Last Updated on 5 days
Document security is the protection of information throughout its full life cycle, beginning with creation and ending with disposition including safe archiving storage. It entails safeguarding records and classified files against loss, illegal access, damage, theft, and compromise.
Physical and digital documents should be treated with caution. To limit or even prevent data breaches, businesses should ensure that only the appropriate personnel have access to permitted information.
In 2020, 60% of data breaches were from insiders. Since 2018, the frequency of these sorts of occurrences has increased by 47 percent. While business owners may be concerned about external threats, they need also look within to reduce possible hazards.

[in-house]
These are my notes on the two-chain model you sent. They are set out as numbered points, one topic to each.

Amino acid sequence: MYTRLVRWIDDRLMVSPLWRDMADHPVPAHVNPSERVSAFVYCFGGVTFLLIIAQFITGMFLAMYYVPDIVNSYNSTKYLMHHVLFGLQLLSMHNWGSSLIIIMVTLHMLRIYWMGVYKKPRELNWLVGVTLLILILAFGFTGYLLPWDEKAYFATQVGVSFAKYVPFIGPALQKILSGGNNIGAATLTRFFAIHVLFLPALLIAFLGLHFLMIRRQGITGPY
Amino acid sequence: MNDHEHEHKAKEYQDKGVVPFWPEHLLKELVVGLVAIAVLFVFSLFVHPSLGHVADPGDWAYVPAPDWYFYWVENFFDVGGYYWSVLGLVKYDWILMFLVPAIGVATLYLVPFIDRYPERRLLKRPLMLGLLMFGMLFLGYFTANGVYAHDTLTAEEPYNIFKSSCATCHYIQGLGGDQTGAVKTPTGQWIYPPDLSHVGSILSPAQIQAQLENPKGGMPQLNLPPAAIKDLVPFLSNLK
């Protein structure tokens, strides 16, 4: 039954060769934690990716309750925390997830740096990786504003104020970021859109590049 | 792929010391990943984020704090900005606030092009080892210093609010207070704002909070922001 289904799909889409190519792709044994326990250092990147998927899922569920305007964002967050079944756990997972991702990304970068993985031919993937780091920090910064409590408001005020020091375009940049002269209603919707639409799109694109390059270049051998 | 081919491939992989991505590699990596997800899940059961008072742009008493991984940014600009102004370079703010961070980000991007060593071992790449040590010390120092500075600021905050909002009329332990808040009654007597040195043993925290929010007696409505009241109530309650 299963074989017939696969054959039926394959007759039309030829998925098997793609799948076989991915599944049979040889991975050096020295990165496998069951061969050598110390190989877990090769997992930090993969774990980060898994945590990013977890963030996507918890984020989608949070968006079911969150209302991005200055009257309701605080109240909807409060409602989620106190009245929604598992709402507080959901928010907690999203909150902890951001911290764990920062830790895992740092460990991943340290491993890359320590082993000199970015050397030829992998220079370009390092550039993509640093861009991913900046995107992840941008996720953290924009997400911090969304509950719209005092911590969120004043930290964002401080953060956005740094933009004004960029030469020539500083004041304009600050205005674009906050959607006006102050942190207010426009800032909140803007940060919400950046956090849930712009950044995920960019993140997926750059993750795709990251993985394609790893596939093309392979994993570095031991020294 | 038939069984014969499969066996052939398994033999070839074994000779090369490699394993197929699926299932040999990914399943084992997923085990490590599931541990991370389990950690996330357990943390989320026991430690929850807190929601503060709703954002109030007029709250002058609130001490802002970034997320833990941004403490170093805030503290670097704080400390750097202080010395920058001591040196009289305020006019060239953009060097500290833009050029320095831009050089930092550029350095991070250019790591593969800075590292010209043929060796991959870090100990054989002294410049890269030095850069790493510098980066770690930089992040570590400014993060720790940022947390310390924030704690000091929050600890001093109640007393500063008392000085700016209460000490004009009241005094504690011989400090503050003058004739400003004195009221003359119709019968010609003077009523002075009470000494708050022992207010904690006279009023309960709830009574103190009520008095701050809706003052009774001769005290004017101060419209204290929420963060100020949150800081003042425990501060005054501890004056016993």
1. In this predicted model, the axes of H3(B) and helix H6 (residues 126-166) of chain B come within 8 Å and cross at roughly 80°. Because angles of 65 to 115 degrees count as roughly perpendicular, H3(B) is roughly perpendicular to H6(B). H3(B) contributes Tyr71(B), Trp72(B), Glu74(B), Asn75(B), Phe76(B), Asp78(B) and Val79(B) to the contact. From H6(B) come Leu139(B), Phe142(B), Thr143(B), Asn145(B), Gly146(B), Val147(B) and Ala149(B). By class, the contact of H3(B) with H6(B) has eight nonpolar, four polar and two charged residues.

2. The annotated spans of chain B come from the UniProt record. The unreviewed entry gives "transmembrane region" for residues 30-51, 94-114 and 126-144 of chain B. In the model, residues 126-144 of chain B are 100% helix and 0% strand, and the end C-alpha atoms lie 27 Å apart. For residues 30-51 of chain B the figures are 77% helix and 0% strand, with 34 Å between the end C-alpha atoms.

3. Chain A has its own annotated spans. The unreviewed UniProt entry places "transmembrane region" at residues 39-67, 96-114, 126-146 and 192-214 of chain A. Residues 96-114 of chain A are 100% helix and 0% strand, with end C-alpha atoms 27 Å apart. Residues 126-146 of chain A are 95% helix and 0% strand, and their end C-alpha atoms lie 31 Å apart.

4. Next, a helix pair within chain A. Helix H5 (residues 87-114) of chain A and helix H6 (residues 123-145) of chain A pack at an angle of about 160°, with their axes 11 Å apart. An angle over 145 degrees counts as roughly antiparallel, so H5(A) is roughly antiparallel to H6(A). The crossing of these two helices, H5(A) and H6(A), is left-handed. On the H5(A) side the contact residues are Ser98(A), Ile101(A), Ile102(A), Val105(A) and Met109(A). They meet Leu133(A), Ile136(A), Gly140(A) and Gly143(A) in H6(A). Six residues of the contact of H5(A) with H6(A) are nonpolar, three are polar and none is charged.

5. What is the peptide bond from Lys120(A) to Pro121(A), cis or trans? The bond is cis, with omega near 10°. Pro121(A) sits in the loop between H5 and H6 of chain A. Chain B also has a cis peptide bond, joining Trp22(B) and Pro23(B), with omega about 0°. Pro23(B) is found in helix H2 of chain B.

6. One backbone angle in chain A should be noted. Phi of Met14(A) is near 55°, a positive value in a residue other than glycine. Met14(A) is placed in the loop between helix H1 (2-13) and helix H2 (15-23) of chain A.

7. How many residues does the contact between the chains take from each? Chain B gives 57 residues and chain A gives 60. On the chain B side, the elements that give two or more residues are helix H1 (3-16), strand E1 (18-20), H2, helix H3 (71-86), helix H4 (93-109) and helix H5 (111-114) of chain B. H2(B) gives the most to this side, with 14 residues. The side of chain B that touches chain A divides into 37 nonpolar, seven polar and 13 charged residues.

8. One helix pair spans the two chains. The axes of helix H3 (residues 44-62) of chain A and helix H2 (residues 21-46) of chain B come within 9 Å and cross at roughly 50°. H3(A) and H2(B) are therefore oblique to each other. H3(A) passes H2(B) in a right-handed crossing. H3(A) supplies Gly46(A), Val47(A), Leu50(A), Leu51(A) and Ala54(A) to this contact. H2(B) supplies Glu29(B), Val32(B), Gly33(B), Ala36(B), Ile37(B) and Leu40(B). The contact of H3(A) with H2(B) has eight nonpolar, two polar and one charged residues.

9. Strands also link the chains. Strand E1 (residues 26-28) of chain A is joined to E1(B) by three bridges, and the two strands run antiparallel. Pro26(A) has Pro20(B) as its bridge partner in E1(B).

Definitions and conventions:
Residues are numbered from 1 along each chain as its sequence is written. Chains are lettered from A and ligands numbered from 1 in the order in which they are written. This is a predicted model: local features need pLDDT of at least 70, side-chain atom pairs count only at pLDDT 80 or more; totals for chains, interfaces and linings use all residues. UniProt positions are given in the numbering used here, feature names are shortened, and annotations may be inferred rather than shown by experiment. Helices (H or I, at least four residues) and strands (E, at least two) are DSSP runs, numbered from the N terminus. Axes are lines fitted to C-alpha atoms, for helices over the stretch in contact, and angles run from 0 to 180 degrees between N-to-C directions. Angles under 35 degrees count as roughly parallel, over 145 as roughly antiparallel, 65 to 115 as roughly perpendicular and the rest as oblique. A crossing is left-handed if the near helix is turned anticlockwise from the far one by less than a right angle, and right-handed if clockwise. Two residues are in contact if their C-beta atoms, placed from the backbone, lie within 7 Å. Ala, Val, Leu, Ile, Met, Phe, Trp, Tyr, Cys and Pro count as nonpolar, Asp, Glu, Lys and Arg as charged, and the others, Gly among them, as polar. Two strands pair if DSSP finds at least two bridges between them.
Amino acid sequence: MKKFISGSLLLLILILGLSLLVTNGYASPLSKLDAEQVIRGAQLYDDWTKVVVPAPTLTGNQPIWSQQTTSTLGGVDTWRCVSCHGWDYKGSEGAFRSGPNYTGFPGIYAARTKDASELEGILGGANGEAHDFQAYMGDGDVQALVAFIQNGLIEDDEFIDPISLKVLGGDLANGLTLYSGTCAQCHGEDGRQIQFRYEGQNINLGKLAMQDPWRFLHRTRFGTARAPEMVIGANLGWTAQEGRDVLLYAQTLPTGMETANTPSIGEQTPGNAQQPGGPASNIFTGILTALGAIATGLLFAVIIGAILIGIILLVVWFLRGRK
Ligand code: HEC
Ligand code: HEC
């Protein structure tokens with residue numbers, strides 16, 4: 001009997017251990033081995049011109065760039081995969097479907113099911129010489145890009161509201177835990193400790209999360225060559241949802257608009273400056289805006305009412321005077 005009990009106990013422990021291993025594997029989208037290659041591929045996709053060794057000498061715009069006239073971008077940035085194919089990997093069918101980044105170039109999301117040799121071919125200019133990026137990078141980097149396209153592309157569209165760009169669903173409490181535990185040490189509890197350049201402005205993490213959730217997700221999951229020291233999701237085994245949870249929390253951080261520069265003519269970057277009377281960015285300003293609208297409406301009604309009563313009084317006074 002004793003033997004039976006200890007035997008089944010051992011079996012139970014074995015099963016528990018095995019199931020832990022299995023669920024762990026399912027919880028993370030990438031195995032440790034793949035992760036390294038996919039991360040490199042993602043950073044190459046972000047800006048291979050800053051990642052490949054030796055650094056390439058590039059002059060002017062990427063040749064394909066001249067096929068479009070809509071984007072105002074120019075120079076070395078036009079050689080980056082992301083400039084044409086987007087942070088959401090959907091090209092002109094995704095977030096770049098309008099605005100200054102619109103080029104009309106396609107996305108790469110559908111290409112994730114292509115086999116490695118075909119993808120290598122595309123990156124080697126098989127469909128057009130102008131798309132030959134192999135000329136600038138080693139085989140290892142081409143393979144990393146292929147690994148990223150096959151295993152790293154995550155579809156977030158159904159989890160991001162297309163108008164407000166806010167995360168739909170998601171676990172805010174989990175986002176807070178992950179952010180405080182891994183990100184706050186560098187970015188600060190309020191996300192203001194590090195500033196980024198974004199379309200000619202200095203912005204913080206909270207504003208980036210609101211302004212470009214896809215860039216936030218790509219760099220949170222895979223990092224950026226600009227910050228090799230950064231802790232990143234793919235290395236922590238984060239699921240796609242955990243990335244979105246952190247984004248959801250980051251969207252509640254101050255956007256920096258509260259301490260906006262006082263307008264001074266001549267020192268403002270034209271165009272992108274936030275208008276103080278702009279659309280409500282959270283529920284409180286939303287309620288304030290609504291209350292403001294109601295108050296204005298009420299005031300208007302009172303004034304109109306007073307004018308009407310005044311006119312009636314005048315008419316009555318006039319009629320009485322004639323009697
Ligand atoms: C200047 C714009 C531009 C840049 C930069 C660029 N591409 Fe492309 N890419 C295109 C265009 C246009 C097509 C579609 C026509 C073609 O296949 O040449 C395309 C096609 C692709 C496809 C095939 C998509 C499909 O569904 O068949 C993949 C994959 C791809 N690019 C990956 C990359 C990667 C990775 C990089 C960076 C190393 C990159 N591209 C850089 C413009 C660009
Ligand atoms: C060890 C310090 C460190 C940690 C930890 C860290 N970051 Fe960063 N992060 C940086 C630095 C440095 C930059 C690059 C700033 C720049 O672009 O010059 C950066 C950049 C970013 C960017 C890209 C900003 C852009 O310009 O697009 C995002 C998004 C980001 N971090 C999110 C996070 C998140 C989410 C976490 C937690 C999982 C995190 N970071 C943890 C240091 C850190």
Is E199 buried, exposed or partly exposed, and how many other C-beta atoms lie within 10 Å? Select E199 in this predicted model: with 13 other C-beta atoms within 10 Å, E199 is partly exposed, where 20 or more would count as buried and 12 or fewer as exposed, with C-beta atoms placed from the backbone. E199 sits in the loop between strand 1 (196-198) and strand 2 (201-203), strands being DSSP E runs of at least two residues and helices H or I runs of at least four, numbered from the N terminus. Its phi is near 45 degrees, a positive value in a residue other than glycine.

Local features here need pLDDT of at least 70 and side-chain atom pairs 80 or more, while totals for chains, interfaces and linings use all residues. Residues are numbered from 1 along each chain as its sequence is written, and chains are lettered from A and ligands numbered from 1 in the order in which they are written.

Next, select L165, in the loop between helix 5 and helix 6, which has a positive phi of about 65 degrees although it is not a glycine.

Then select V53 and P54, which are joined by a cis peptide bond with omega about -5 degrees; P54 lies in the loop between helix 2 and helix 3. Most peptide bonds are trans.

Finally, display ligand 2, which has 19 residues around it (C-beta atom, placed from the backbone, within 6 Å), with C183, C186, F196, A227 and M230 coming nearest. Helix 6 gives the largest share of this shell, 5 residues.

Companies that still rely on paper documents are jeopardizing their most valuable asset. Paper documents are readily misplaced, lost, or destroyed for a variety of reasons. Not to mention the potential for it to end up in the wrong hands.
Digital papers, on the other hand, necessitate security procedures that are distinct from those required for physical documents. It will be easier to handle them if you use software like a document management system or business content management.
In this post, we’ll discuss what document security is, why it’s crucial for businesses, and how to put proper protocols in place.
What is Document Security?
Documents are the most valuable assets in your organization, and they must be handled with care. Like any other important asset (money, homes, vehicles, etc.), you need ensure that it is securely protected in order to retain its worth and maximize its use.
Document security is important for businesses of all sizes to protect sensitive data. To reduce or avoid any data breach or misusage, organizations must ensure that only authorized persons have access to the records. It is generally ensured by restricting access to the documents.